Economic freedom, or economic liberty, is the ability of people of a society to take economic actions. This is a term used in economic and policy debates as well as in the philosophy of economics. One approach to economic freedom comes from the liberal tradition emphasizing free markets, free trade, and private property under free enterprise. Another approach to economic freedom extends the welfare economics study of individual choice, with greater economic freedom coming from a larger set of possible choices. Other conceptions of economic freedom include freedom from want and the freedom to engage in collective bargaining.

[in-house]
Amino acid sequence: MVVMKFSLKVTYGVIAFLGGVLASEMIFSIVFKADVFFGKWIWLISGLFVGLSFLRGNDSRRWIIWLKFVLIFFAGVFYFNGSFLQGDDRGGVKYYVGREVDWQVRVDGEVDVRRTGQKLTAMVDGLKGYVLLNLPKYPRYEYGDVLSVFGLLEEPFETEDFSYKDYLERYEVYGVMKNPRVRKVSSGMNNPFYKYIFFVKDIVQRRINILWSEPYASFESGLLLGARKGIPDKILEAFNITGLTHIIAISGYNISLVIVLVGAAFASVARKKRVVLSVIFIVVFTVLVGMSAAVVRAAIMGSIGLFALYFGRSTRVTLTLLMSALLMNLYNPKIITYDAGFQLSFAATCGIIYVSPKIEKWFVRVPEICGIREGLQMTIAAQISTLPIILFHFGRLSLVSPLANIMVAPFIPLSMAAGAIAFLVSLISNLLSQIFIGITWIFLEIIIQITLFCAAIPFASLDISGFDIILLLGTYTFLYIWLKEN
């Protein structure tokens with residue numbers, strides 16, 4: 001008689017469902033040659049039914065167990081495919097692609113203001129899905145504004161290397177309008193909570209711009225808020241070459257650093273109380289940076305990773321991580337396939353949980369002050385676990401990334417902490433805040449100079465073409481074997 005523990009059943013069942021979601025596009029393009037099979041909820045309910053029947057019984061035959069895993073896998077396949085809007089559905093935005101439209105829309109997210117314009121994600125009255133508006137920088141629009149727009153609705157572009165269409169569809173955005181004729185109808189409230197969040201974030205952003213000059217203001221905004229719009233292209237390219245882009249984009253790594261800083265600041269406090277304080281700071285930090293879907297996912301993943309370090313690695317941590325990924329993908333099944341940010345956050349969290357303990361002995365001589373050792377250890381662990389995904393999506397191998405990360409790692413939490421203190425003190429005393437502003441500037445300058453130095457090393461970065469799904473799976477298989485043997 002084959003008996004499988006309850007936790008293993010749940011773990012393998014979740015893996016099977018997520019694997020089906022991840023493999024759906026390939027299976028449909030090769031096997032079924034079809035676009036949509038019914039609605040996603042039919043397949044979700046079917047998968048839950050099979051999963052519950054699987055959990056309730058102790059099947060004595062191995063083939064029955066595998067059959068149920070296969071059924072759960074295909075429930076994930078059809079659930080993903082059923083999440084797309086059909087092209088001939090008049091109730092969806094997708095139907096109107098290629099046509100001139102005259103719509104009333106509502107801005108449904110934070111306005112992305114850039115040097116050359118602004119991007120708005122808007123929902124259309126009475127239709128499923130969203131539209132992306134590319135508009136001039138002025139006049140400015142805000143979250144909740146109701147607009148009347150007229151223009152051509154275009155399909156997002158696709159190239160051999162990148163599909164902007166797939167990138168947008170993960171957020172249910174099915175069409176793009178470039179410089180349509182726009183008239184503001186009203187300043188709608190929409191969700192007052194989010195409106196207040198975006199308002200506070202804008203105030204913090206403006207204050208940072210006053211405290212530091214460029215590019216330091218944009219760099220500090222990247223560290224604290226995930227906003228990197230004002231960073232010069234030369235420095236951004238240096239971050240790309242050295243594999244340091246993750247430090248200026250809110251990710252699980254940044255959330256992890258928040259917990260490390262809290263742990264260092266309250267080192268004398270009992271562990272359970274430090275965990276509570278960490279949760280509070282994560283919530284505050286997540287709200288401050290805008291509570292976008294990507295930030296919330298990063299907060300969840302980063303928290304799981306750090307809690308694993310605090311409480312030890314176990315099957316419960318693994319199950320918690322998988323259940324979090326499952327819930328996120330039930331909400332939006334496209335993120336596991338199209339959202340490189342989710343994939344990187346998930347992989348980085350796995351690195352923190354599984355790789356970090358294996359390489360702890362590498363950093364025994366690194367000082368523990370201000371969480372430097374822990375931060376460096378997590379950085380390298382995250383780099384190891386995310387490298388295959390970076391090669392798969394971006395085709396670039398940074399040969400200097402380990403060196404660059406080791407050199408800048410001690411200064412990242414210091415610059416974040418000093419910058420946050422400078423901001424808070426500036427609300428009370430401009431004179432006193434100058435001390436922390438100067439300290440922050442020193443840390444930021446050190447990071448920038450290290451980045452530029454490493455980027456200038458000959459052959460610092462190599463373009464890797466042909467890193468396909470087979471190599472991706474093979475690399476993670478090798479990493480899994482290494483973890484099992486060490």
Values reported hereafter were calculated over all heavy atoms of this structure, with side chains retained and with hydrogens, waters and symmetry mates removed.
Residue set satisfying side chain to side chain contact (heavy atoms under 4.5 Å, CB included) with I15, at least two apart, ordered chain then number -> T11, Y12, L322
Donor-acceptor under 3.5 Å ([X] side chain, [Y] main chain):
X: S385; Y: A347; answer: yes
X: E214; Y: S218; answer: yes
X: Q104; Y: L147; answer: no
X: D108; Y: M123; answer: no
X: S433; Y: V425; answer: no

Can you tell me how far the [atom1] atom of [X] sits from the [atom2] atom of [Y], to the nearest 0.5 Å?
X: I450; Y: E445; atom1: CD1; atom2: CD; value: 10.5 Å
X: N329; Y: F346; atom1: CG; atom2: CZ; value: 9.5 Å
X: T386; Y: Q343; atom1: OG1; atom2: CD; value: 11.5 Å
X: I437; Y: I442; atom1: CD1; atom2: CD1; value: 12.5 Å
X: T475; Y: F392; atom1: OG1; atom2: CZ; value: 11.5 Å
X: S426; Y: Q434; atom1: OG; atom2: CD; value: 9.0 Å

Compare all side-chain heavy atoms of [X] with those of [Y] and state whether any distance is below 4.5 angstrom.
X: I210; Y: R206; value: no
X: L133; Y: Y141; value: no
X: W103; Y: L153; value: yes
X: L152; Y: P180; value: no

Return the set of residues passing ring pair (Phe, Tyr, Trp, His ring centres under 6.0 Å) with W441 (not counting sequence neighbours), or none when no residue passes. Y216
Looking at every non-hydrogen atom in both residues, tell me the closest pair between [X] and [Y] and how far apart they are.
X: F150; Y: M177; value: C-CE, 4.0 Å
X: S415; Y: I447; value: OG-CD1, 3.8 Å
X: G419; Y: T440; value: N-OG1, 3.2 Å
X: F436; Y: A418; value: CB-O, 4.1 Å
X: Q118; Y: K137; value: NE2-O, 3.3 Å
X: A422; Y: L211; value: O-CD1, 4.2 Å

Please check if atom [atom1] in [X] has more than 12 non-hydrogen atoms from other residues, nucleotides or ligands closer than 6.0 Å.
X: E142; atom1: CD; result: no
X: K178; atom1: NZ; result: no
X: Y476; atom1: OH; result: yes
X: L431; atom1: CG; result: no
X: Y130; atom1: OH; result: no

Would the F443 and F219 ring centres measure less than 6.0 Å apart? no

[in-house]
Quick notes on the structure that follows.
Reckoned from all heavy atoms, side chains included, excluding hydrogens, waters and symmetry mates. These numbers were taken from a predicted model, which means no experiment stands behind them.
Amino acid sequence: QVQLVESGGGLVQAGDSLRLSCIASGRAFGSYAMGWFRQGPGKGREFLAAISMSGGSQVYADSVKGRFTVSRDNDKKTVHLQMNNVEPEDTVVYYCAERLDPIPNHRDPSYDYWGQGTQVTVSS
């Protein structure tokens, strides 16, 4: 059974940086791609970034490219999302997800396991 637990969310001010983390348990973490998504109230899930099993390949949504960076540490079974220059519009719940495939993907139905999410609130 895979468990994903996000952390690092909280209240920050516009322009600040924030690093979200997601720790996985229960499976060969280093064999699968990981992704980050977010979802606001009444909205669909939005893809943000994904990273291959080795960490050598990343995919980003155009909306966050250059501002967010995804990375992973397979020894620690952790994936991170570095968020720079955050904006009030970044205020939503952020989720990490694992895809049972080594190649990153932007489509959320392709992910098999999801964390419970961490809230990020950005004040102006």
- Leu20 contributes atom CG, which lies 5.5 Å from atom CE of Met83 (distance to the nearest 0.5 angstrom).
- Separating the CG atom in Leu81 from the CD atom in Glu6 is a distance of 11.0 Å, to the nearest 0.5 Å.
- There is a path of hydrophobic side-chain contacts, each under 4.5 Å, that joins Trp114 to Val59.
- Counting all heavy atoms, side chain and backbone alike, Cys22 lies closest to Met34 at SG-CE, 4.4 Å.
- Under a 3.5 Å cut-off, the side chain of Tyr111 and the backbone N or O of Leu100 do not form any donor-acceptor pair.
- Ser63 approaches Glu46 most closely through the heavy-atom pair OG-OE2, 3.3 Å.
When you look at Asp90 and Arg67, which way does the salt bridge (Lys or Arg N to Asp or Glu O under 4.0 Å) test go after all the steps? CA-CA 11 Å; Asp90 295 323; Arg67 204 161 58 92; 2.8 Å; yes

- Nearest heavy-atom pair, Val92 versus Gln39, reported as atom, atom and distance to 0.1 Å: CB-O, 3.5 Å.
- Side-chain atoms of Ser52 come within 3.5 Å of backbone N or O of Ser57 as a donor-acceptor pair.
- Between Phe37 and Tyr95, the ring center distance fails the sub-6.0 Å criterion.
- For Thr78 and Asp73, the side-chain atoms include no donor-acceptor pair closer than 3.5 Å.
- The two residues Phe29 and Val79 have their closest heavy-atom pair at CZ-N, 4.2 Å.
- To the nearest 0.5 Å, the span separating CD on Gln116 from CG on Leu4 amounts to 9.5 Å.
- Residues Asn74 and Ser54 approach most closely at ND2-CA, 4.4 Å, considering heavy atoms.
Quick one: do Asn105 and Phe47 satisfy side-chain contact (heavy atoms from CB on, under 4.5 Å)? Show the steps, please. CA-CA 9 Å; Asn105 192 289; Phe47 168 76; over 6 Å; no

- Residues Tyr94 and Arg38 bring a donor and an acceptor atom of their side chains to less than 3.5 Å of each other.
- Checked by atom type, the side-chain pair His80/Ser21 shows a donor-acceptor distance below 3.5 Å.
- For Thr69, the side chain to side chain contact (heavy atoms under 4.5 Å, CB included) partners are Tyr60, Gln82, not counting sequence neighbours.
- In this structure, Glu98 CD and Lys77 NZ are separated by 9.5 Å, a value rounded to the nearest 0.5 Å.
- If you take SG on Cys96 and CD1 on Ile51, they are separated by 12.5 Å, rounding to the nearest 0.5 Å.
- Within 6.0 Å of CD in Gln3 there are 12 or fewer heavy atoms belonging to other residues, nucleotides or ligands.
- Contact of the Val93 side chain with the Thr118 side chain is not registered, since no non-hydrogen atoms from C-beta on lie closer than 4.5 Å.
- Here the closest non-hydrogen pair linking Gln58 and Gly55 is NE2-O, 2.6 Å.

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The liberal free-market viewpoint defines economic liberty as the freedom to produce, trade and consume any goods and services acquired without the use of force, fraud, theft or government regulation. This is embodied in the rule of law, property rights and freedom of contract, and characterized by external and internal openness of the markets, the protection of property rights and freedom of economic initiative. There are several indices of economic freedom that attempt to measure free market economic freedom. Based on these rankings, correlative studies have found higher economic growth to be correlated with higher scores on the country rankings. With regards to other measures such as equality, corruption, political and social violence and their correlation to economic freedom, it has been argued that the economic freedom indices conflate unrelated policies and policy outcomes to conceal negative correlations between economic growth and economic freedom in some subcomponents.